The Green Sheet Online Edition
May 10, 2010 • Issue 10:05:01
Get on track with a business mentor
||We make a living by what we get;|
we make a life by what we give.
- Winston Churchill
When it comes to striving for business goals, some of us need a stronger push than others. As ISOs and merchant level salespeople, many of you created a business plan, wrote down your goals, set up shop and then quickly became very busy, perhaps even too busy to regularly review your goals.
This is understandable because a career as a payment professional typically entails becoming a business owner who not only closes sales but also makes sure the phones are working, the copier is supplied with paper, the bills are paid and so on.
And the more your business grows, the greater your responsibilities become.
Before long, those wonderful goals you wrote down in your business plan might seem like a distant memory. If you feel overwhelmed sometimes, that's normal; however, if you lose sight of your goals, your business could eventually fail.
If it's been a while since you've revisited your written goals, don't panic. A business mentor can help you get on track.
Now, a mentor won't take your place as a business owner or do any work for you. A mentor will be like a friend, but one who provides objectivity, not opportunities to socialize.
A mentor can help you reach goals and see the path to success clearly as you continue to do the work required of you day to day.
Benefits of having a mentor
Here are a number of reasons to have a mentor:
- Mentoring gives you one-on-one business counseling when you need it (and sometimes when you don't feel you need it but really do).
- A mentor can view your business from a different perspective. While you're busy handling operations, managing employees and keeping up with paperwork, your mentor can provide creative ideas and help you organize your time and implement steps to improve the business.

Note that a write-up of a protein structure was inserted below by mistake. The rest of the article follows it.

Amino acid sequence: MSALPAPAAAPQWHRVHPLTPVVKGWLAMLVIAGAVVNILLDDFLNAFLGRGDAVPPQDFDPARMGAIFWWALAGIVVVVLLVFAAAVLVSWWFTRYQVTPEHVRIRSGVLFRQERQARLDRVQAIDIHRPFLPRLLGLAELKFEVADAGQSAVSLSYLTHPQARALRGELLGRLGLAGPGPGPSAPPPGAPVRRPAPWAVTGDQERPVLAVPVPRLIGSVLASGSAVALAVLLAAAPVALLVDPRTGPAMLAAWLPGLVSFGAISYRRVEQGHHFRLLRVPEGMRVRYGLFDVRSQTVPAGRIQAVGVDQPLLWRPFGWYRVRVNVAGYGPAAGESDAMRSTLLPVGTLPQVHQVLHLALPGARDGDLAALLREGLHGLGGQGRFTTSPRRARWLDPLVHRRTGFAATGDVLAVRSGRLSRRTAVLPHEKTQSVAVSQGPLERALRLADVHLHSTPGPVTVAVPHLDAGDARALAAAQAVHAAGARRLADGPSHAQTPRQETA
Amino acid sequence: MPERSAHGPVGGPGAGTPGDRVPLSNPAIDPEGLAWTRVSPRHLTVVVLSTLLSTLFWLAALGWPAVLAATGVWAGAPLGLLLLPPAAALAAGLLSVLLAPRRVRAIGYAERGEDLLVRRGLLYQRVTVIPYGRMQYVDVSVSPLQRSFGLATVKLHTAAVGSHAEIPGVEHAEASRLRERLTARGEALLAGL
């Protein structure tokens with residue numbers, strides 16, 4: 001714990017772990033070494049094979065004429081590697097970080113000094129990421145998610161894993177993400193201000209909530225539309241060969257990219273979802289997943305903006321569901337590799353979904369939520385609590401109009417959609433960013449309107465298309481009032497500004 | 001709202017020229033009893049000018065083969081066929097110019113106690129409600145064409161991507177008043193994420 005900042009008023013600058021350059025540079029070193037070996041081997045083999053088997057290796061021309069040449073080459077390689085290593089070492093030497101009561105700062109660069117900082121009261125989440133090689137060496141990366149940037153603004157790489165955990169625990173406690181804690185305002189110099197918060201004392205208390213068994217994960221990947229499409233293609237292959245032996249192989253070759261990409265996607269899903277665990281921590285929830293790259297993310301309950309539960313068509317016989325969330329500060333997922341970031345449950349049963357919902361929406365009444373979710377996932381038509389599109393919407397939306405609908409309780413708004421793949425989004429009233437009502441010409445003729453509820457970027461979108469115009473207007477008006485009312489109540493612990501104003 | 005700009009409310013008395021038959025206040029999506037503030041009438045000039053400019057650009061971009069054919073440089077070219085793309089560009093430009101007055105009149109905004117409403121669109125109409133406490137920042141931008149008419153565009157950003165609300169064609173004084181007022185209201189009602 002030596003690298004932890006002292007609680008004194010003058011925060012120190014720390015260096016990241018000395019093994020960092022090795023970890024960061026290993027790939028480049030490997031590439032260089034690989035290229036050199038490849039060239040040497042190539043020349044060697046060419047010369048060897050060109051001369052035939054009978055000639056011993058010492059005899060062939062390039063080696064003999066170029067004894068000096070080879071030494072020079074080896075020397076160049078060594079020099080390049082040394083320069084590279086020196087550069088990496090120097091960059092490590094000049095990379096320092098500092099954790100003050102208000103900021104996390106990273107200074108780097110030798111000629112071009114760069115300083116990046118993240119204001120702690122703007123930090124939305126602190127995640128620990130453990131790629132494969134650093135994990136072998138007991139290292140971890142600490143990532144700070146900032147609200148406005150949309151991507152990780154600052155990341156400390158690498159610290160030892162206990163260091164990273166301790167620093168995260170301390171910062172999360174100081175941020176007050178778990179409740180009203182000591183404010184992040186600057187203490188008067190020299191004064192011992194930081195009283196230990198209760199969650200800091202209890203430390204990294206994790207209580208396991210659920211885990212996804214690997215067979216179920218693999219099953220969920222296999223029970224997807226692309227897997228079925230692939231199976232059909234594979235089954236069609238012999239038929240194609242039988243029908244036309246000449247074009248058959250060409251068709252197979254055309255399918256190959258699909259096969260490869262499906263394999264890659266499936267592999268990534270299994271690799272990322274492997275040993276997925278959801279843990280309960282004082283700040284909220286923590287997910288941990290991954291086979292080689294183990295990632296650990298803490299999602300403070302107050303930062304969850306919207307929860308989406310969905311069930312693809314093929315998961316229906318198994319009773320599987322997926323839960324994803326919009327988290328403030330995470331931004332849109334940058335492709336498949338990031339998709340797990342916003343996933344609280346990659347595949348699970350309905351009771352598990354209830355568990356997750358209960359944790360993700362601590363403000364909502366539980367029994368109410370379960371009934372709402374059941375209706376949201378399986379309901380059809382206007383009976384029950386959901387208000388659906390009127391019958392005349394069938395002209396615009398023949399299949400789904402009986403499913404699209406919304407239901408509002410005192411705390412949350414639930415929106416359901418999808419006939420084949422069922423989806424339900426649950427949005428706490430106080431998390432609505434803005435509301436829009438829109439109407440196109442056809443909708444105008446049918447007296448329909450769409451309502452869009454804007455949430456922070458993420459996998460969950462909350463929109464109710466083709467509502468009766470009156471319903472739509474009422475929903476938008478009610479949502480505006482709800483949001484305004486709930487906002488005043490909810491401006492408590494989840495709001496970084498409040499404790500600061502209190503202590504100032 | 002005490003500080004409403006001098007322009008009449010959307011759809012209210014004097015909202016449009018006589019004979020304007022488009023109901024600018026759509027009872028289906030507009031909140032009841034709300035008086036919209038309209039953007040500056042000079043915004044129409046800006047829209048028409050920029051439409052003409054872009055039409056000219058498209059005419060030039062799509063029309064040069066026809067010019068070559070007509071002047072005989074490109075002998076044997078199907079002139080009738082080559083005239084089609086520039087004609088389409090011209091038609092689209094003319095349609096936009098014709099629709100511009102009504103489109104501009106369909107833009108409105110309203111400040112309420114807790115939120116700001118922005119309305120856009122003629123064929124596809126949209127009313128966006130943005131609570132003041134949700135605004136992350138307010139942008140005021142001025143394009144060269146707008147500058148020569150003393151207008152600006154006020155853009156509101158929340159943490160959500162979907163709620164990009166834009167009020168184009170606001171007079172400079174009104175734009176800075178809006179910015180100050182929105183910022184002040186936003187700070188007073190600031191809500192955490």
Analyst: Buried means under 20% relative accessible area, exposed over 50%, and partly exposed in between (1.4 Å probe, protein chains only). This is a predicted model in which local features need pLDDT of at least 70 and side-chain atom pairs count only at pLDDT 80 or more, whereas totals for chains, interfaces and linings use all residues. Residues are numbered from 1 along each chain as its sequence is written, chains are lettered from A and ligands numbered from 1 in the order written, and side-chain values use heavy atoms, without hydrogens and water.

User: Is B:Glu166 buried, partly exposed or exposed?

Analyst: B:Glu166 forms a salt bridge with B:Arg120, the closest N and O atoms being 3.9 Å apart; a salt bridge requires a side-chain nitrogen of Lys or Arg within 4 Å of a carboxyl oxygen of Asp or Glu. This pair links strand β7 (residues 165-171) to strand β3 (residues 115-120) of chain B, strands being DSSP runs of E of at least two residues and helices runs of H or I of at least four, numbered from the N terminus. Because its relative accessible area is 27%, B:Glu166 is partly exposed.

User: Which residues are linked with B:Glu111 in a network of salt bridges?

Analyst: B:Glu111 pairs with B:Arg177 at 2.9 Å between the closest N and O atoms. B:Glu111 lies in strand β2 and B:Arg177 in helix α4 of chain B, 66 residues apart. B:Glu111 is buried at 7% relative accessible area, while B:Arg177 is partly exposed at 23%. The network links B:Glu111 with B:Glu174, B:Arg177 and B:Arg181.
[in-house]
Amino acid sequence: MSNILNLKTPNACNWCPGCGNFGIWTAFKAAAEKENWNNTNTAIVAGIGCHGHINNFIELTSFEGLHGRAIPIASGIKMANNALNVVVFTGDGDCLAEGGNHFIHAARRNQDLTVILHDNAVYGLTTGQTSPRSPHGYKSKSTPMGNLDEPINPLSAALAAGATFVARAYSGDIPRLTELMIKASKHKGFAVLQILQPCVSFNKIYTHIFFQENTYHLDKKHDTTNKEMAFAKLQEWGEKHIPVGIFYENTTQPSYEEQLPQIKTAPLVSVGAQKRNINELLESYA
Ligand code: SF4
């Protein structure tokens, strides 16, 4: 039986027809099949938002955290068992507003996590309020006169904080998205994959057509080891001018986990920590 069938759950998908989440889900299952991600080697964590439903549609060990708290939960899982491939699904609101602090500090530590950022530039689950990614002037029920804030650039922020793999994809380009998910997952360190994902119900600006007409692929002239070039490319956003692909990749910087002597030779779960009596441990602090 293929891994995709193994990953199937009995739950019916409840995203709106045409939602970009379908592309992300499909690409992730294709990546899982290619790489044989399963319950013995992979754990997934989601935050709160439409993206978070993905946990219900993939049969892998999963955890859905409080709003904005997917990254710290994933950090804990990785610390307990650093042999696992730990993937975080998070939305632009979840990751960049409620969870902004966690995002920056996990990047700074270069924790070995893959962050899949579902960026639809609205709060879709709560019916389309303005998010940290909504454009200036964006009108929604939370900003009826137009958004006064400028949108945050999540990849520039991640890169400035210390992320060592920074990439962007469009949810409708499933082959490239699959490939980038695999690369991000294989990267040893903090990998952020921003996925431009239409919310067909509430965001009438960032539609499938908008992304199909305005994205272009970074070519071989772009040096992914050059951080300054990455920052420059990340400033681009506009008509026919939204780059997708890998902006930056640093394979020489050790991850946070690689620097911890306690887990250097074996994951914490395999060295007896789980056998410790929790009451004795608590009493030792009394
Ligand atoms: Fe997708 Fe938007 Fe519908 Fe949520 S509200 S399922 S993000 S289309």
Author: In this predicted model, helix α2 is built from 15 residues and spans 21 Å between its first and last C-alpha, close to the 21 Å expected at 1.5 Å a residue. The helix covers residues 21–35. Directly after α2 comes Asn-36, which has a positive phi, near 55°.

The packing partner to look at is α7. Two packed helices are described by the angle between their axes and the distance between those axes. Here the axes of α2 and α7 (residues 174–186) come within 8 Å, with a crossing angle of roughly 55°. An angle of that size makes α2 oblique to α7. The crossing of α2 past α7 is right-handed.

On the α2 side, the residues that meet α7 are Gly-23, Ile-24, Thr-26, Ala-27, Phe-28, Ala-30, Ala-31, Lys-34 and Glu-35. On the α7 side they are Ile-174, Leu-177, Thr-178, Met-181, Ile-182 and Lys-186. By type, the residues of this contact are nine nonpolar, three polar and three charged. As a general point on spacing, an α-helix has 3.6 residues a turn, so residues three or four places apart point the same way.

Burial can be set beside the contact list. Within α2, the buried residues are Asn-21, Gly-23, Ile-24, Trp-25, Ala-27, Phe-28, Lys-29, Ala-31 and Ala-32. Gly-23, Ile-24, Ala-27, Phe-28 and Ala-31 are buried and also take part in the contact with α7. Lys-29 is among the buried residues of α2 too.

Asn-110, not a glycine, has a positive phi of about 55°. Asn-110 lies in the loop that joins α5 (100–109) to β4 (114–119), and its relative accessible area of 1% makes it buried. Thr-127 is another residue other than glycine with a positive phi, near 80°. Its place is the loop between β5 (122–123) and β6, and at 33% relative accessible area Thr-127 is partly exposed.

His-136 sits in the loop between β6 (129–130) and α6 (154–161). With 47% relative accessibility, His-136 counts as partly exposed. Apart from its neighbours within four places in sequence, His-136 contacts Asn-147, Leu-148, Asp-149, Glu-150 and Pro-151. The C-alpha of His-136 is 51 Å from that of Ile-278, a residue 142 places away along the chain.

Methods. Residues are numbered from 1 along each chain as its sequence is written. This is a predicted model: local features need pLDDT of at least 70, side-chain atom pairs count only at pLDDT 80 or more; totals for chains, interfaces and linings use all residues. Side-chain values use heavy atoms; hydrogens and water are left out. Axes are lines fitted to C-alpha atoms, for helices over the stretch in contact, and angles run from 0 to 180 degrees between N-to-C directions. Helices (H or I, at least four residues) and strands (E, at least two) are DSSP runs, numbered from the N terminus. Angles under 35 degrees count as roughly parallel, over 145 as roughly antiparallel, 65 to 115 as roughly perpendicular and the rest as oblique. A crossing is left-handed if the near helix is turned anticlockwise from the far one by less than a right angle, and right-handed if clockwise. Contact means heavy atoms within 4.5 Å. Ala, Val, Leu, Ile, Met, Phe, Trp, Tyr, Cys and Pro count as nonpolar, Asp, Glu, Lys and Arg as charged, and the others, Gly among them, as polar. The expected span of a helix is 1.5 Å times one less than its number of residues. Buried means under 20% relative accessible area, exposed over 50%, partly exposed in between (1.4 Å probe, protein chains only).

- A mentor can also help you avoid pitfalls because he or she has gone before you and knows what obstacles lie ahead for a business owner.
This kind of guidance is priceless in the business world.
How to choose a mentor
First, locate candidates for the job:
- Research the top business owners in the payments industry. You might find someone who owns a business similar to yours but is working a different market segment or region and is not in direct competition with you.
- Ask friends and relatives if they know of someone who might be able to mentor you.
- Seek resources online if you frequent the Web or if you own an Internet-based business.
Next, set up short interviews with promising candidates. And keep the following in mind while making a decision:
The right mentor can guide you through the painstaking, but fruitful, process of building your business. So smile, take a breath: with the right mentor, your goals are within reach.
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